2013 is a year where selection is key, starting in the vineyard mid-season with the elimination of unsuitable grapes in August, to harvest time when many producers did an initial trie literally as they picked (cutting bunches in the middle to remove any rotten or unripe grapes lurking in the centre). This was followed by the triage table, in many cases aided by two new machines which have been appearing more and more in Bordeaux: the Cube, which uses a density bath to identify unripe fruit low in sugars, and optical sorters, which use light analysis to asses sugar density and to identify unripe anthocyanins in the skins. All the producers using these machines have been astounded by just how much fruit they discarded, but the justification lies in the fact that when they analyse the discarded fruit, the machines have been absolutely correct. Previously, these visibly sound grapes would have been included in the fermentations and would therefore have had a major impact on the quality of the wines.


In terms of winemaking, maturity levels of the berries meant that many producers wanted to avoid too many of the skin tannins being extracted to avoid bitter or slightly green tannins coming out too and they used gentler, slightly cooler, shorter fermentations and macerations than usual. Edouard Moueix summed it up perfectly by saying that we should think of it as an “infusion” rather than an “extraction”, and we heard this repeated many times on both sides of the river. Inevitably, this means that the wines are lighter in colour than in recent years, and as it turned out most of the deeply coloured wines were hideously over-extracted and therefore automatically removed from our putative shopping list. Most producers have reduced the amount of new wood they are using this year so as not to drown out the bright, fresh fruit flavours and are keeping an open mind on the amount of time the wines will spend in wood.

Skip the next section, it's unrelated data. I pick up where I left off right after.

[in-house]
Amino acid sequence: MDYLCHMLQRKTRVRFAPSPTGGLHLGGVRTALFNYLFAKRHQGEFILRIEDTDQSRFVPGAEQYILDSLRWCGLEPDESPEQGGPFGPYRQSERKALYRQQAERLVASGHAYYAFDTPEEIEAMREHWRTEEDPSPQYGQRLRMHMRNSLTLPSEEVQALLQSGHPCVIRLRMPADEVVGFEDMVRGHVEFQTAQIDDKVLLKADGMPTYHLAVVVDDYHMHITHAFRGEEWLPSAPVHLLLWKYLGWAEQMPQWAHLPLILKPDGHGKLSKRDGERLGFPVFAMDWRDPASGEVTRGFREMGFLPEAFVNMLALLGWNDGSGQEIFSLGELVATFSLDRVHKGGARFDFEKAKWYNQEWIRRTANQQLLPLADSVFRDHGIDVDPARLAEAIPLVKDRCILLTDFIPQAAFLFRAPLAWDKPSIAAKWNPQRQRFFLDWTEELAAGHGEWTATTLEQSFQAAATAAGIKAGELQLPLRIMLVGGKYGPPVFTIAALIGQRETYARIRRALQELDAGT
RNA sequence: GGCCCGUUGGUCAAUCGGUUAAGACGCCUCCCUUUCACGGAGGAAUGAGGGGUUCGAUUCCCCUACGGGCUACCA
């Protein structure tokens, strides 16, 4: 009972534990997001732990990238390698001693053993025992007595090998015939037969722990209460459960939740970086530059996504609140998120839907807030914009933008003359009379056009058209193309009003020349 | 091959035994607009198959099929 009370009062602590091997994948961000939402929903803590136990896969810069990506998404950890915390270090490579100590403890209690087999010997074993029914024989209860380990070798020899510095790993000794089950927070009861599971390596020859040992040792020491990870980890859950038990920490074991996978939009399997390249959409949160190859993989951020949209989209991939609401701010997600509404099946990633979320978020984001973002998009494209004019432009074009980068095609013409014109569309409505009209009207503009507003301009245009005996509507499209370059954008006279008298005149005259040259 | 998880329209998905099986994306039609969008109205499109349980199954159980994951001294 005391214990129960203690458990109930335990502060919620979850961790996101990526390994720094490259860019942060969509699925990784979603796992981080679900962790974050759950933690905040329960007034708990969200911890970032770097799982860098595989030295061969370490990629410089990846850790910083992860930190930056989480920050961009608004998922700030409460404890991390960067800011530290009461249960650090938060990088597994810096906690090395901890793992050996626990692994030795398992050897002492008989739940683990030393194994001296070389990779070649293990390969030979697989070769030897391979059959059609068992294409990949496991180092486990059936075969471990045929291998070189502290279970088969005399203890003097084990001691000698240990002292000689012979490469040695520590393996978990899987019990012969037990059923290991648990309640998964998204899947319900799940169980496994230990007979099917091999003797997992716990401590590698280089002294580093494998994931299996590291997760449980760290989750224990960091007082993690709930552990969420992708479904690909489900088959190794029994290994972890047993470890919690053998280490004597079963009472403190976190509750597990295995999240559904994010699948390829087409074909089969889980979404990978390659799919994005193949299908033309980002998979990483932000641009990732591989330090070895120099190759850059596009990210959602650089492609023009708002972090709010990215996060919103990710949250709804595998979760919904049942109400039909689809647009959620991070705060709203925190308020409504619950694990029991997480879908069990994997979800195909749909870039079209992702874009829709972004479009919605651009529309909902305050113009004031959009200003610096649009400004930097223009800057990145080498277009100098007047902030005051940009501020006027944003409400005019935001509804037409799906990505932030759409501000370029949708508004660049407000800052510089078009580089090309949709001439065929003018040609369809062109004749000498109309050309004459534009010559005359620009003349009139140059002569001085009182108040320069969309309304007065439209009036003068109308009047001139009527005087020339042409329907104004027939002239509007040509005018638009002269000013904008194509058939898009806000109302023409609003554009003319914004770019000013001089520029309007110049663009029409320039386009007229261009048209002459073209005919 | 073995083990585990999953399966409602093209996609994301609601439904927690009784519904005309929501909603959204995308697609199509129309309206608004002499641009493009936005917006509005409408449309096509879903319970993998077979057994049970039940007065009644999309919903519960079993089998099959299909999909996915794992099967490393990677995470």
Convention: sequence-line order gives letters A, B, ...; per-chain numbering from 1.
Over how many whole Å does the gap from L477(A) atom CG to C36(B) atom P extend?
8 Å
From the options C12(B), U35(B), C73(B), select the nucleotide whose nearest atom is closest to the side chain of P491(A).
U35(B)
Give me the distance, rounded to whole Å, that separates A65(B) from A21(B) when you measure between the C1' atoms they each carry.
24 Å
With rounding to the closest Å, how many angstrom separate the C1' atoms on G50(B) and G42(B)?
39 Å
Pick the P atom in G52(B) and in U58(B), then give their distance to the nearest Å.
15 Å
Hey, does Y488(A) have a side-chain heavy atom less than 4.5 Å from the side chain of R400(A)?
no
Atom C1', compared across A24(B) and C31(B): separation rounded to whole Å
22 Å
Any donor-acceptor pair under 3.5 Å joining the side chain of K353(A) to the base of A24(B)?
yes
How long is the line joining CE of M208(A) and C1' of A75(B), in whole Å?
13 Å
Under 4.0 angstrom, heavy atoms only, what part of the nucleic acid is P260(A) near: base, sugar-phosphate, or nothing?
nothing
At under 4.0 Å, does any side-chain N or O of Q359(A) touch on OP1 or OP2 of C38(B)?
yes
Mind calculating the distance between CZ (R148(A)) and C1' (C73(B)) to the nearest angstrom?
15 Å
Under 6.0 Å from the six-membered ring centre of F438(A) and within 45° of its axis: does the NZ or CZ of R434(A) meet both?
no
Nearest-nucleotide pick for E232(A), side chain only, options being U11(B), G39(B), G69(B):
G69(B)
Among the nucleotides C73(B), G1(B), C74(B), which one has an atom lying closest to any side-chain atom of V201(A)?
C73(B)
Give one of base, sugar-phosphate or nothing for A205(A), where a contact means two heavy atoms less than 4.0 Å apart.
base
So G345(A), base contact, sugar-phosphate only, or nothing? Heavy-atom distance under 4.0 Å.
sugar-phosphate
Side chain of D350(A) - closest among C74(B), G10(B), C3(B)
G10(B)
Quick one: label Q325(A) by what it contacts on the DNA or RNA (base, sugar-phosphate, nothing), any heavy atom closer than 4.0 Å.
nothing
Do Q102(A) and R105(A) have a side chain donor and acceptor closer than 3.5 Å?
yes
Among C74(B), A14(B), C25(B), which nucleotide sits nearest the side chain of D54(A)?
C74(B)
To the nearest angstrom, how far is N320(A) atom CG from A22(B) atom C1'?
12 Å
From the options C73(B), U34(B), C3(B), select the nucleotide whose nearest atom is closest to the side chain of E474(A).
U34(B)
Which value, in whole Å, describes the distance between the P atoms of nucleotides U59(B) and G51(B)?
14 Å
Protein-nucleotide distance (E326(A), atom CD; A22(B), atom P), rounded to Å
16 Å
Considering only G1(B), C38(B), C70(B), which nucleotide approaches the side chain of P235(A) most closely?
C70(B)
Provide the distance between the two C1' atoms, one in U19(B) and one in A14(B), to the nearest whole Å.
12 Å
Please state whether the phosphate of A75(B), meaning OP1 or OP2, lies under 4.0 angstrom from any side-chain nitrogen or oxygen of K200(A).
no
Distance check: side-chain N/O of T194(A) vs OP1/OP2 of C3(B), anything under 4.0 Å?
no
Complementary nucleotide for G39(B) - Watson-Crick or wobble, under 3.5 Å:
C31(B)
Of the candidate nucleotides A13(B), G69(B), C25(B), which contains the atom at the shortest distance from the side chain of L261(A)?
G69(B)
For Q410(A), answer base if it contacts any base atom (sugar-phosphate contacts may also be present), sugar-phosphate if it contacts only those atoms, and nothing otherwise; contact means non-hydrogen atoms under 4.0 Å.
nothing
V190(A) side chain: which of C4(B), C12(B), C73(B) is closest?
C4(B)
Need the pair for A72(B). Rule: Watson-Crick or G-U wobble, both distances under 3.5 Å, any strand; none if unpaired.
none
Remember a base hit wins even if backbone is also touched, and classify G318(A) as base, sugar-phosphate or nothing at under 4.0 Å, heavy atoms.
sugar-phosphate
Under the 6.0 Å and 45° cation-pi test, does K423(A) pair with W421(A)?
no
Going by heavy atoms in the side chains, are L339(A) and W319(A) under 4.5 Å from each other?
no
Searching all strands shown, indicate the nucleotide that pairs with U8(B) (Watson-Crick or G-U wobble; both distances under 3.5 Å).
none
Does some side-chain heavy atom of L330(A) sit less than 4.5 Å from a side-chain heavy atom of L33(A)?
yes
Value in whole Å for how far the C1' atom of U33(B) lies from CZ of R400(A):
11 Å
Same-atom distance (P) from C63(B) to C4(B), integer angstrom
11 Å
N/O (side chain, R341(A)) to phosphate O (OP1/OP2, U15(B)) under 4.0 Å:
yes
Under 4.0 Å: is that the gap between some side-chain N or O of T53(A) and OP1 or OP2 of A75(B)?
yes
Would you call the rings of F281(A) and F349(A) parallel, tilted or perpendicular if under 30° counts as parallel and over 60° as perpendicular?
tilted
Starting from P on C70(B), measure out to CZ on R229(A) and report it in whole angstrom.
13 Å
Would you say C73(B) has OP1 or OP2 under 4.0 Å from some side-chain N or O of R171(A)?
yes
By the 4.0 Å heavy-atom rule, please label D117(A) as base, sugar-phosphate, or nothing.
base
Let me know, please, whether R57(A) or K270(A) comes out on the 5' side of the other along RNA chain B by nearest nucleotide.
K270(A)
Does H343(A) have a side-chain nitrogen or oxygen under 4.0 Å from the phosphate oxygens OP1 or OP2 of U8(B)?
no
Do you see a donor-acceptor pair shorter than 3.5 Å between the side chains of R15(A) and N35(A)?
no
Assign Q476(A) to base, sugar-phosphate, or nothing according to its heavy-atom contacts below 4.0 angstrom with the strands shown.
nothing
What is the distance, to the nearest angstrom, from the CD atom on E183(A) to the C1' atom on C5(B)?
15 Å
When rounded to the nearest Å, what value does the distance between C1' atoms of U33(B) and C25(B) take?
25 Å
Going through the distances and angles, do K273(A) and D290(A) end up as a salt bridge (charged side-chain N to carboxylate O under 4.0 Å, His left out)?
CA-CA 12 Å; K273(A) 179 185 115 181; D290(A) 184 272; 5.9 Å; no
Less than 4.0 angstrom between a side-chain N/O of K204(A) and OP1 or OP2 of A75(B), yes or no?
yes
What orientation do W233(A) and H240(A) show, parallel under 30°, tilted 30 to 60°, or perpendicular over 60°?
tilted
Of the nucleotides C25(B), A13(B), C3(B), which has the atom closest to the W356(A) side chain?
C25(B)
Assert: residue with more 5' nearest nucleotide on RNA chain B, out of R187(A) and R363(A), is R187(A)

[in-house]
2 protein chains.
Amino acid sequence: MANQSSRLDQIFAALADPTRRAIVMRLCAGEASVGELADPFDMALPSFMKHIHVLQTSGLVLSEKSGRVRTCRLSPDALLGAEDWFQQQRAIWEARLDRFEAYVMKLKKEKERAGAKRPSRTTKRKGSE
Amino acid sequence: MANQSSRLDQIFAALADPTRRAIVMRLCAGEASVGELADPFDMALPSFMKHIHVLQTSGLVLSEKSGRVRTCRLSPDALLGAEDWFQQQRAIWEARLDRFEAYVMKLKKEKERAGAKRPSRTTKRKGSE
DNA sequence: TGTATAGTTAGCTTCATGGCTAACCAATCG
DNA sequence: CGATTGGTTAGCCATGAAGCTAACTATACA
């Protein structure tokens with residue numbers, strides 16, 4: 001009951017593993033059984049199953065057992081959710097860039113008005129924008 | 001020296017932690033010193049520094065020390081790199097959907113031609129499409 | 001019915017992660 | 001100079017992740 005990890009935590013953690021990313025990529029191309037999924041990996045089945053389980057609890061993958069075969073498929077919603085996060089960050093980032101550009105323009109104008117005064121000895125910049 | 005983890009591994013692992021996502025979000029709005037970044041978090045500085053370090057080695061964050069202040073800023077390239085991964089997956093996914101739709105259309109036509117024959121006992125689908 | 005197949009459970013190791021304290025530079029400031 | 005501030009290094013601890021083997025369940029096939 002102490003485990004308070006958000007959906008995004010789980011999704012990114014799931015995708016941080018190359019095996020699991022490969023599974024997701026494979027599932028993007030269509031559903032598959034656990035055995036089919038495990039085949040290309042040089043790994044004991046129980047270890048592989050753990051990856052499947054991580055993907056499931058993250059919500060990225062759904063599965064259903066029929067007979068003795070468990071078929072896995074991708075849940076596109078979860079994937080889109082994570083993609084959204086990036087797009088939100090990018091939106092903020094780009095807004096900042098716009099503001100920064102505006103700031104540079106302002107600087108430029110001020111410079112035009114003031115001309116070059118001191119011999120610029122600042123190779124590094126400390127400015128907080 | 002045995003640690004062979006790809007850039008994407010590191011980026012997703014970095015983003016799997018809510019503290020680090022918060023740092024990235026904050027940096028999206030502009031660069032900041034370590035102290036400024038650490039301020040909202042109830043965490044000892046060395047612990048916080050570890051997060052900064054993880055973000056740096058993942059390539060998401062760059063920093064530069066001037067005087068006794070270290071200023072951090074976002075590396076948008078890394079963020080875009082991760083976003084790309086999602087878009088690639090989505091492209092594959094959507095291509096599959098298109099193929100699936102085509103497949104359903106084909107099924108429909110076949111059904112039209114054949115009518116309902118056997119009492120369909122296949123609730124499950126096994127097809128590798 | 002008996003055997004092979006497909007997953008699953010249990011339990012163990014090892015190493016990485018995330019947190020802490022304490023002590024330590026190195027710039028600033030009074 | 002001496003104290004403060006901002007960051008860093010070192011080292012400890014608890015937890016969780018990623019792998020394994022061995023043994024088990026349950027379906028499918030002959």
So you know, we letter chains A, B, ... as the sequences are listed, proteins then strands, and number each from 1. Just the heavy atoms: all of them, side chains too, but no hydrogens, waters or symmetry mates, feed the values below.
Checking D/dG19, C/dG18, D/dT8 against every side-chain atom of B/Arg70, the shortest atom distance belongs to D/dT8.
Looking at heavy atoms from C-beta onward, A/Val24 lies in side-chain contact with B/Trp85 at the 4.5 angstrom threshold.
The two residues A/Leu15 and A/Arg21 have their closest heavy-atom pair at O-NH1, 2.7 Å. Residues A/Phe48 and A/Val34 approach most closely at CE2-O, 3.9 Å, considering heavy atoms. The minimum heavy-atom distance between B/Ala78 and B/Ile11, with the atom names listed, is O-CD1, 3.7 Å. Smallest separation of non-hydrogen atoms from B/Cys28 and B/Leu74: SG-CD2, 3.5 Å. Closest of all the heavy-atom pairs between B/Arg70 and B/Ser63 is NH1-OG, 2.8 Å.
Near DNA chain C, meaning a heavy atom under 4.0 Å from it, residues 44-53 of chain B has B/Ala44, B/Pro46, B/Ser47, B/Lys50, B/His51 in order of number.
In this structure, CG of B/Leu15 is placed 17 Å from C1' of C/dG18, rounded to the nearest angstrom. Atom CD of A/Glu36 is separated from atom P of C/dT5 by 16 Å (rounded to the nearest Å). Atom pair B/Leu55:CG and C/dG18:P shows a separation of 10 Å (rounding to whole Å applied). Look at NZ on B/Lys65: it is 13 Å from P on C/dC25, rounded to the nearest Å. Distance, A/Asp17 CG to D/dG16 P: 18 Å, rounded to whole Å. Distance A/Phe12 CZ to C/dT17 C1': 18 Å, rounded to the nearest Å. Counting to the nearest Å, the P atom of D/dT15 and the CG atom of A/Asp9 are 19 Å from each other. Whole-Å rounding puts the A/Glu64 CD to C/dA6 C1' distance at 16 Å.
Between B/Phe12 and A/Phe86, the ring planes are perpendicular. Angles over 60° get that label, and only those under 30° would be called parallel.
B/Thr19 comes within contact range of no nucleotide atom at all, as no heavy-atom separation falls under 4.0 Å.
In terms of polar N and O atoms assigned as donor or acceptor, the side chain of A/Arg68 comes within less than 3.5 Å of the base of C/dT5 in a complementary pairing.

Style and Pricing

As a sweeping generalisation, the style of the wines tends towards fresh and lighter, perfect in the mid- rather than the longer-term. With supple tannins and bright acidity, and an accent on red rather than black fruits, these are in many cases fresh, juicy, very drinkable wines which reminded us of Claret as it used to be before the recent hot vintages (most of these come in at between 12.5% and 13.5%, as opposed to the 13.5%-14.5% in 2009 and 2010). As to whether there is a market for the wines, this takes us back to the first paragraph - it is all to play for, and if the prices are right then there are some lovely wines out there which will give lots of pleasure with no pretensions of grandeur. If, on the other hand, prices remain as high as they have been, it is doubtful as to whether there will any sort of campaign at all. The smaller producers who have avoided the roller-coaster of recent price rises are all very aware of this and are doing their utmost to preserve prices - a really hard challenge for some like Eric Jeanneteau at Tertre de la Mouleyre who produced just five barrels instead of his normal fifteen.

Nicola Arcedeckne-Butler MW
April 2014